June 1, 2016
“I would like to dedicate this book to all veterans of World War II, most of whose stories are left untold but are no less worthy.”
If you ask Malcolm “Mac” Fleming about his World War II experience, he will tell you it was neither normal nor meritorious. Simply put, it is his, and it's just as important has anybody else’s. This is evident in the wording of the book’s dedication.
After World War II ended, people like Fleming knew the fighting was the only thing that had really stopped. Post-war, tens of thousands of people’s lives were uprooted, in shambles and still needing to be pieced back together.
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Current faculty and staff using a valid IU email address can enter to win a copy of "From War to Peace in 1945 Germany," a $45 value, published by IU Press. The contest opens June 1 and closes 4 p.m. Monday, June 6, 2016.
Fleming was an official Army photographer during World War II. In 1945, he was enlisted to capture motion pictures for the Army.
In April, IU Press published “From War to Peace in 1945 Germany,” a collection of Fleming’s personal, uncensored photographs. Fleming said this book was years in the making.
“You could say I wrote it in 1945, really,” he said.
After enlisting in the Army in Seattle, Fleming was transferred to Long Island. He had been interested in photography since he was a teenager, so when given the opportunity to be an Army photographer, he took it.
Fleming spent six months in Long Island for photography training before he was sent to Germany. There, he began to document the places and events that made up his war experience.
Along with filming for the Army, Fleming said he was documenting the war for himself as well.
“I wanted a record of it from my perspective,” he said.
Fleming carried a personal camera in the pouch that was meant to hold a first-aid kit so he always had it ready when he finished filming.
Today, 97-year-old Fleming still remembers photos of dead German soldiers and devastation caused by the U.S. Air Force in Germany.
“They seemed so real,” said James Madison, the Thomas and Kathryn Miller Professor of History Emeritus in the IU Bloomington College of Arts and Sciences. “They’re not posed. They’re not faked.”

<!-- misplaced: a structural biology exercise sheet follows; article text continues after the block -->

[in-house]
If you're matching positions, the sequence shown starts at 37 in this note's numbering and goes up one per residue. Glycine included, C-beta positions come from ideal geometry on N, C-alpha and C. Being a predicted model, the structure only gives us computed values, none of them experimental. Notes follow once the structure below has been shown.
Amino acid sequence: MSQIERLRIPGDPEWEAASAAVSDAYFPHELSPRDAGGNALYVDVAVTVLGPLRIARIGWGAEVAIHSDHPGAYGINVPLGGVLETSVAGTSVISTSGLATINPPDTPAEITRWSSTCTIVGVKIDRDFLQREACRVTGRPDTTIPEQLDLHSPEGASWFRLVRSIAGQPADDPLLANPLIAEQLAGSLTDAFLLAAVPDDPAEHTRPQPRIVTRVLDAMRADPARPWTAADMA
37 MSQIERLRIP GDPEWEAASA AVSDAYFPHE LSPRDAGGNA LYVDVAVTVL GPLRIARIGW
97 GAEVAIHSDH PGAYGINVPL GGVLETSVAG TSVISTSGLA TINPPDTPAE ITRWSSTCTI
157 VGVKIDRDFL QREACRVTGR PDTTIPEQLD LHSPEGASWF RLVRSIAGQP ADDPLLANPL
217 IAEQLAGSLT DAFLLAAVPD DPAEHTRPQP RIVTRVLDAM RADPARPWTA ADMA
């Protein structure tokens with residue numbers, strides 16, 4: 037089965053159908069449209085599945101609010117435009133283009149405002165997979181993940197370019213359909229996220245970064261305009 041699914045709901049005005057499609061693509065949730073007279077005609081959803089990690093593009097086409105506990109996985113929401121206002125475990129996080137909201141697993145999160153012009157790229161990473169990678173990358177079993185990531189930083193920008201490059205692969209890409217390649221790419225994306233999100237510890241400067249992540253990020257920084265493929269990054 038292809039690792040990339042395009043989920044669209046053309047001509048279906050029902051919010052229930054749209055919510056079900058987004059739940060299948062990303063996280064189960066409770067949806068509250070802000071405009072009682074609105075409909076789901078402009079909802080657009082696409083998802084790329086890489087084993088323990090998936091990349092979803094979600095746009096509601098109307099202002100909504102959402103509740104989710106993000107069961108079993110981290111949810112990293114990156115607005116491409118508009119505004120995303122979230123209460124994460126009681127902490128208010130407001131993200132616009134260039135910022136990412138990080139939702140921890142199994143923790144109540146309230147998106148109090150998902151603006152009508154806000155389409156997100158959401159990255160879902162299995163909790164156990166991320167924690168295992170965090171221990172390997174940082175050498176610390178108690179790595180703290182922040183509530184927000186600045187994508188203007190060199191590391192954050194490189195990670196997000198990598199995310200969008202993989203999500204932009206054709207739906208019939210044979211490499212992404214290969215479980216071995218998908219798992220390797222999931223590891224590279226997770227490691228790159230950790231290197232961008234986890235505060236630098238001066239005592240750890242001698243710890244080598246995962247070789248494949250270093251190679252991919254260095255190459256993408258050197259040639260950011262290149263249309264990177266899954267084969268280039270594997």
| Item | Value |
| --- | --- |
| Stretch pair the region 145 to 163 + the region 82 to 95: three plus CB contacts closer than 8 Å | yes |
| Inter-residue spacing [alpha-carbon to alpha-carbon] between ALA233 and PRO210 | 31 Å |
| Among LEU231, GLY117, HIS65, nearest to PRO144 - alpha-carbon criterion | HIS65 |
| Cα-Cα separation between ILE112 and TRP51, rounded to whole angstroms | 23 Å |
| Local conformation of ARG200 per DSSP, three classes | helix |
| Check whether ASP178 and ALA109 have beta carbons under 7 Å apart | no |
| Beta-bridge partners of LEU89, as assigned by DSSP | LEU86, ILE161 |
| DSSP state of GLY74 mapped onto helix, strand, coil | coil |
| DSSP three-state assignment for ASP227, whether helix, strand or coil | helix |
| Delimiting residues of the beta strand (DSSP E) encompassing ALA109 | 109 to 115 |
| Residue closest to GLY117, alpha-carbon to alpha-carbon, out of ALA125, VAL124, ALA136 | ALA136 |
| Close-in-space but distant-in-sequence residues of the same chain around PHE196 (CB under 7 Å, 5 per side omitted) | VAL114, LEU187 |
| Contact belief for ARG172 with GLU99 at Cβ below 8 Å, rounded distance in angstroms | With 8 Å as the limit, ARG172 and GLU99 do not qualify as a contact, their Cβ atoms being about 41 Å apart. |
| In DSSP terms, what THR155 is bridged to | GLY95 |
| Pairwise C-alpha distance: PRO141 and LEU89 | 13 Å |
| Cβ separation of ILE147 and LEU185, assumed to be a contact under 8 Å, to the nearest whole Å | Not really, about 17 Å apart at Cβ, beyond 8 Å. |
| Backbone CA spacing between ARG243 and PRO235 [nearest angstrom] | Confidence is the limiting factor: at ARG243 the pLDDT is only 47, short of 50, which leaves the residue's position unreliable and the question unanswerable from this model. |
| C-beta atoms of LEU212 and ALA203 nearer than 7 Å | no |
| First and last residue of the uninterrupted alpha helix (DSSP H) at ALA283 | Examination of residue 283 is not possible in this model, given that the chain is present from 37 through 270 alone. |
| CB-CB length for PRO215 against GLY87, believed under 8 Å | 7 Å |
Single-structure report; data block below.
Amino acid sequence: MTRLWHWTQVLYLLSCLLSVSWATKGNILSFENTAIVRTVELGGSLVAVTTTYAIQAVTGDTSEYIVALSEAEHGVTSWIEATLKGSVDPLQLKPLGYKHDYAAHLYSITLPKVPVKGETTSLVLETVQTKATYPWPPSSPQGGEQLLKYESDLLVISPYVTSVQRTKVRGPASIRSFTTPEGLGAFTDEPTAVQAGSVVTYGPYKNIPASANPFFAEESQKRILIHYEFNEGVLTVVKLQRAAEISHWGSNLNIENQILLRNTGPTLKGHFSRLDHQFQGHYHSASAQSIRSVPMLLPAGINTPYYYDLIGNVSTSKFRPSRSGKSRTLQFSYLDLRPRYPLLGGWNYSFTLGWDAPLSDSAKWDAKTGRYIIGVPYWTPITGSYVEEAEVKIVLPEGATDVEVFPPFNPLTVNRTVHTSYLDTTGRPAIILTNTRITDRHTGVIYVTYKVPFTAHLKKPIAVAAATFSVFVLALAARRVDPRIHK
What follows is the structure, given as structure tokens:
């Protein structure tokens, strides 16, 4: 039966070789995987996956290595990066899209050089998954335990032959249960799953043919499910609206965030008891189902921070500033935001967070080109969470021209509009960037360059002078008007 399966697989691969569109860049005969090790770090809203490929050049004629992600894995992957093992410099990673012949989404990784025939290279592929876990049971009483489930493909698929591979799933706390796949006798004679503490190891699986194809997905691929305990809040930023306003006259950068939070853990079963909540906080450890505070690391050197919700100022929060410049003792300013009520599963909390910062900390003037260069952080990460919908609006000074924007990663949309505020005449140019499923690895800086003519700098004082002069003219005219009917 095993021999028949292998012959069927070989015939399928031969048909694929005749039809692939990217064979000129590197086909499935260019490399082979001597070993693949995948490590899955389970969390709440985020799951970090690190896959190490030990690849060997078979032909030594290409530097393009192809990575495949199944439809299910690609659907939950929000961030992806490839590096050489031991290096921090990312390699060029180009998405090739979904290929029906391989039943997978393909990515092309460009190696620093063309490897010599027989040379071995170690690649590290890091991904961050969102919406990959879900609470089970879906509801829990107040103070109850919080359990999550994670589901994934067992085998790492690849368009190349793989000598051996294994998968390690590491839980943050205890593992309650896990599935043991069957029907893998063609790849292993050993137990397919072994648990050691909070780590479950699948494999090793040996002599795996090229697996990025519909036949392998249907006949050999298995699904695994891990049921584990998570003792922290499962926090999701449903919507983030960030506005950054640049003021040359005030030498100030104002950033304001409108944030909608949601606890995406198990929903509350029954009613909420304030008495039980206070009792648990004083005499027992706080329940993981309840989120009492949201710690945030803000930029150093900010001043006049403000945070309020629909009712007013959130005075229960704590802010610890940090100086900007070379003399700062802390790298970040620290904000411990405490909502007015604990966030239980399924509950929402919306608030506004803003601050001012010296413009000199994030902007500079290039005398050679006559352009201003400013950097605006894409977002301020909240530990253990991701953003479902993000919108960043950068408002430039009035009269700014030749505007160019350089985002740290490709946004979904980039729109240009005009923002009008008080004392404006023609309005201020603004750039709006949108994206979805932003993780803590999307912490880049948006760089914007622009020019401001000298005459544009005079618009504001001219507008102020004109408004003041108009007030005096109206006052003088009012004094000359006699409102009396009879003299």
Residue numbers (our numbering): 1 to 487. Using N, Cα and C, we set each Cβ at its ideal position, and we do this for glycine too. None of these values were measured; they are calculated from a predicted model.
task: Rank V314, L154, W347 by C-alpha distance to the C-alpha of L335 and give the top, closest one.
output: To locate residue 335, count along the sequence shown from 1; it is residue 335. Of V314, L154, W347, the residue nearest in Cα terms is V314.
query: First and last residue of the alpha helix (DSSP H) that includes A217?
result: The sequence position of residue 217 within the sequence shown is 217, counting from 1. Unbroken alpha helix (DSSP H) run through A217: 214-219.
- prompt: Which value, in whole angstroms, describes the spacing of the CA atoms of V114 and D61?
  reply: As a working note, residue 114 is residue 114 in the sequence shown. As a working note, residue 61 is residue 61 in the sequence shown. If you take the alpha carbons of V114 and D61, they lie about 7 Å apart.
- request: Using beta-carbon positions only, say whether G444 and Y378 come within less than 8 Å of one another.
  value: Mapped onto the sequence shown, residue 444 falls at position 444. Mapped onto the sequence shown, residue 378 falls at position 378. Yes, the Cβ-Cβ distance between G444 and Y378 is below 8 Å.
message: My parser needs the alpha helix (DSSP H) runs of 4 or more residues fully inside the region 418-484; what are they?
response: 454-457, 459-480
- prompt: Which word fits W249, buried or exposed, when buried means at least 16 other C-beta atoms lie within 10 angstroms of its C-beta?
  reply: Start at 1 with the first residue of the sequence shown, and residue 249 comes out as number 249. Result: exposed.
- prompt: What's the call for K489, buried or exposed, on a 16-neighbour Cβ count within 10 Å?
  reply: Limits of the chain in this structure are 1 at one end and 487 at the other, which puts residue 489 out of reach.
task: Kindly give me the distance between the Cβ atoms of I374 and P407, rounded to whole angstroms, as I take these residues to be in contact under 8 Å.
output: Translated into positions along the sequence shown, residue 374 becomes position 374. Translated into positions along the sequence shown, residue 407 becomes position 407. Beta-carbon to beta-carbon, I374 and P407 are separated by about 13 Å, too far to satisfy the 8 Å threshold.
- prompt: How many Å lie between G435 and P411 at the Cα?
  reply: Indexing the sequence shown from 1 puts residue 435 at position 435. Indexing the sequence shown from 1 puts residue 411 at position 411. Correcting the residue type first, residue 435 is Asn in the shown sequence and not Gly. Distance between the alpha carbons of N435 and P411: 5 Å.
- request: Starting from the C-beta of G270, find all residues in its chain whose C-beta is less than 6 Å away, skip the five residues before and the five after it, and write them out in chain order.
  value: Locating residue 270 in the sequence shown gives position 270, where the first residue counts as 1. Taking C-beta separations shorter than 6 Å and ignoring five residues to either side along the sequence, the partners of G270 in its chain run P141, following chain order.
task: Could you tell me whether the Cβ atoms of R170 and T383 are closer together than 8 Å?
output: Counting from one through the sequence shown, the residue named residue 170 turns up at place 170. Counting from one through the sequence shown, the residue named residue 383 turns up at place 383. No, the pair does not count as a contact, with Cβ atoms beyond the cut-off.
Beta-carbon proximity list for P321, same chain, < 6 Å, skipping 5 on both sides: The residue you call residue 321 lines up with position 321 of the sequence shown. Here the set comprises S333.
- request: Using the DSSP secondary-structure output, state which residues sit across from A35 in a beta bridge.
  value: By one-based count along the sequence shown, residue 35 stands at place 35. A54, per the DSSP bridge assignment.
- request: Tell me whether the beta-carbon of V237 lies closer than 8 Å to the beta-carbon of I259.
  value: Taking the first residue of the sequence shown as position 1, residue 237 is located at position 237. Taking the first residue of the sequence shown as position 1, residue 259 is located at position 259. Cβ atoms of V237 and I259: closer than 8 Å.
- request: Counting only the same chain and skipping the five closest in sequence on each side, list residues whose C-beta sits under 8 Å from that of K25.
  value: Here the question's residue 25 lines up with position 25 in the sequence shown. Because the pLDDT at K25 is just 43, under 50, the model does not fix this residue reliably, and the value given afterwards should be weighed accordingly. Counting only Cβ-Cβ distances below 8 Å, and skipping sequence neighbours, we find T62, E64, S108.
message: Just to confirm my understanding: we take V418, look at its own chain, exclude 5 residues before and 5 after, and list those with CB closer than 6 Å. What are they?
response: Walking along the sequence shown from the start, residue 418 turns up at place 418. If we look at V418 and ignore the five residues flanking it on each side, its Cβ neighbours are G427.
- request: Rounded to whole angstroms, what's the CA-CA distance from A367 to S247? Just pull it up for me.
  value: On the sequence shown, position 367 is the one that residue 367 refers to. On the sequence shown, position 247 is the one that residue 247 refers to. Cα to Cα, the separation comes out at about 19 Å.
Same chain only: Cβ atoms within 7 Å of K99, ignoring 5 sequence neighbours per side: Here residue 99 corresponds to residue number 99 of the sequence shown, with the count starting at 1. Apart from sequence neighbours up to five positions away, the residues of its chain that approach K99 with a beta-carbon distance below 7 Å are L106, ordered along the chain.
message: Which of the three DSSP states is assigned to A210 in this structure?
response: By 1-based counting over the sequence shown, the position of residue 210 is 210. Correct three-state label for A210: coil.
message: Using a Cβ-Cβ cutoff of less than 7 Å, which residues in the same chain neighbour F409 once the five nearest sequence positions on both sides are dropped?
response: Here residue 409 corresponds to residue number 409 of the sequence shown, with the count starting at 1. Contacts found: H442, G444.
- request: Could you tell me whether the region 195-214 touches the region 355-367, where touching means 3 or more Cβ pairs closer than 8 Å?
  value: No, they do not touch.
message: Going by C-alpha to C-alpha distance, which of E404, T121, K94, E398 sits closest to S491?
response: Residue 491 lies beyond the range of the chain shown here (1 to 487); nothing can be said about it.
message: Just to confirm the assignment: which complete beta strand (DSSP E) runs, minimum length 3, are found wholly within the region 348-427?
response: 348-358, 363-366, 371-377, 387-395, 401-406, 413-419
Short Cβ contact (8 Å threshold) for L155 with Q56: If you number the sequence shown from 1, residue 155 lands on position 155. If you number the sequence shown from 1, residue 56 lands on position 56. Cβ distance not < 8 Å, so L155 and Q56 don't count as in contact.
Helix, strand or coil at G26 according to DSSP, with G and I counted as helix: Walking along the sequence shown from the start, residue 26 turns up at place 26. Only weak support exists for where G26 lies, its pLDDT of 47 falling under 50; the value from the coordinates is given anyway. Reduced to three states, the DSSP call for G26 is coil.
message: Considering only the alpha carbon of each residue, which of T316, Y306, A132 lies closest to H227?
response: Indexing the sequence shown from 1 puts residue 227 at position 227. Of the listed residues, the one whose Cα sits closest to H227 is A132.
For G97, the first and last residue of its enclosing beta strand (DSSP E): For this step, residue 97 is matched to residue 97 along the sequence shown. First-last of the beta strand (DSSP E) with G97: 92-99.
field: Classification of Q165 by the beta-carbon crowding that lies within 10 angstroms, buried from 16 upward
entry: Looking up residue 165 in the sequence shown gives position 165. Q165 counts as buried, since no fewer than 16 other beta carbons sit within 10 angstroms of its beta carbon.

Madison, who wrote the book’s forward, said that between censors and sanitized images of the war, finding a collection as raw and natural as Fleming’s is special.
Though Fleming said he missed most of the bloodiest part of the war, the fact that the United States was slow to bring soldiers home allowed him time to travel through Germany and watch as people tried to piece their lives together after the war.
Madison said those photos still show the truth of the most horrendous war in human history. He said he especially appreciates that the collection expands into post-war lives.
“We had an opportunity to see the other side of Germany,” Fleming said.
This experience caused Fleming to experience a certain amount of empathy for German civilians.
Very soon there will be no more living memories of the war, Madison said. Collections like this with such personal connections are becoming even more important.
In fact, Madison has a connection of his own. He said his father was overseas in Germany at the same time Fleming was and that he likes to believe Fleming may have snapped a photo of his father at some point.
For years, Fleming said he had the book practically ready. Dozens of postcard-sized prints of his photos along with personally written captions were already stored in booklet form in Fleming’s home.
“Ten to 15 years ago I thought maybe there was a book there,” Fleming said.
Though the book didn’t take the first time he attempted to publish it, this time he said he is very happy with what IU Press was able to do for his work. Fleming said the process took about a year.
Fleming said they were able to clean up photos that were scratched while he carried them through Germany.
“I had a unique opportunity to document my personal experiences,” he said.
Fleming said his book is not meant to be a textbook written by a historian distant from the war. Instead, he wants it to be a very typical first-person account from a G.I.
After the war, Fleming taught students about audio/visual technology and techniques at Indiana University for several years. He is now retired after 80 years of professional photography.
“Anyway, life goes on and I’m having fun exploring new options,” he said.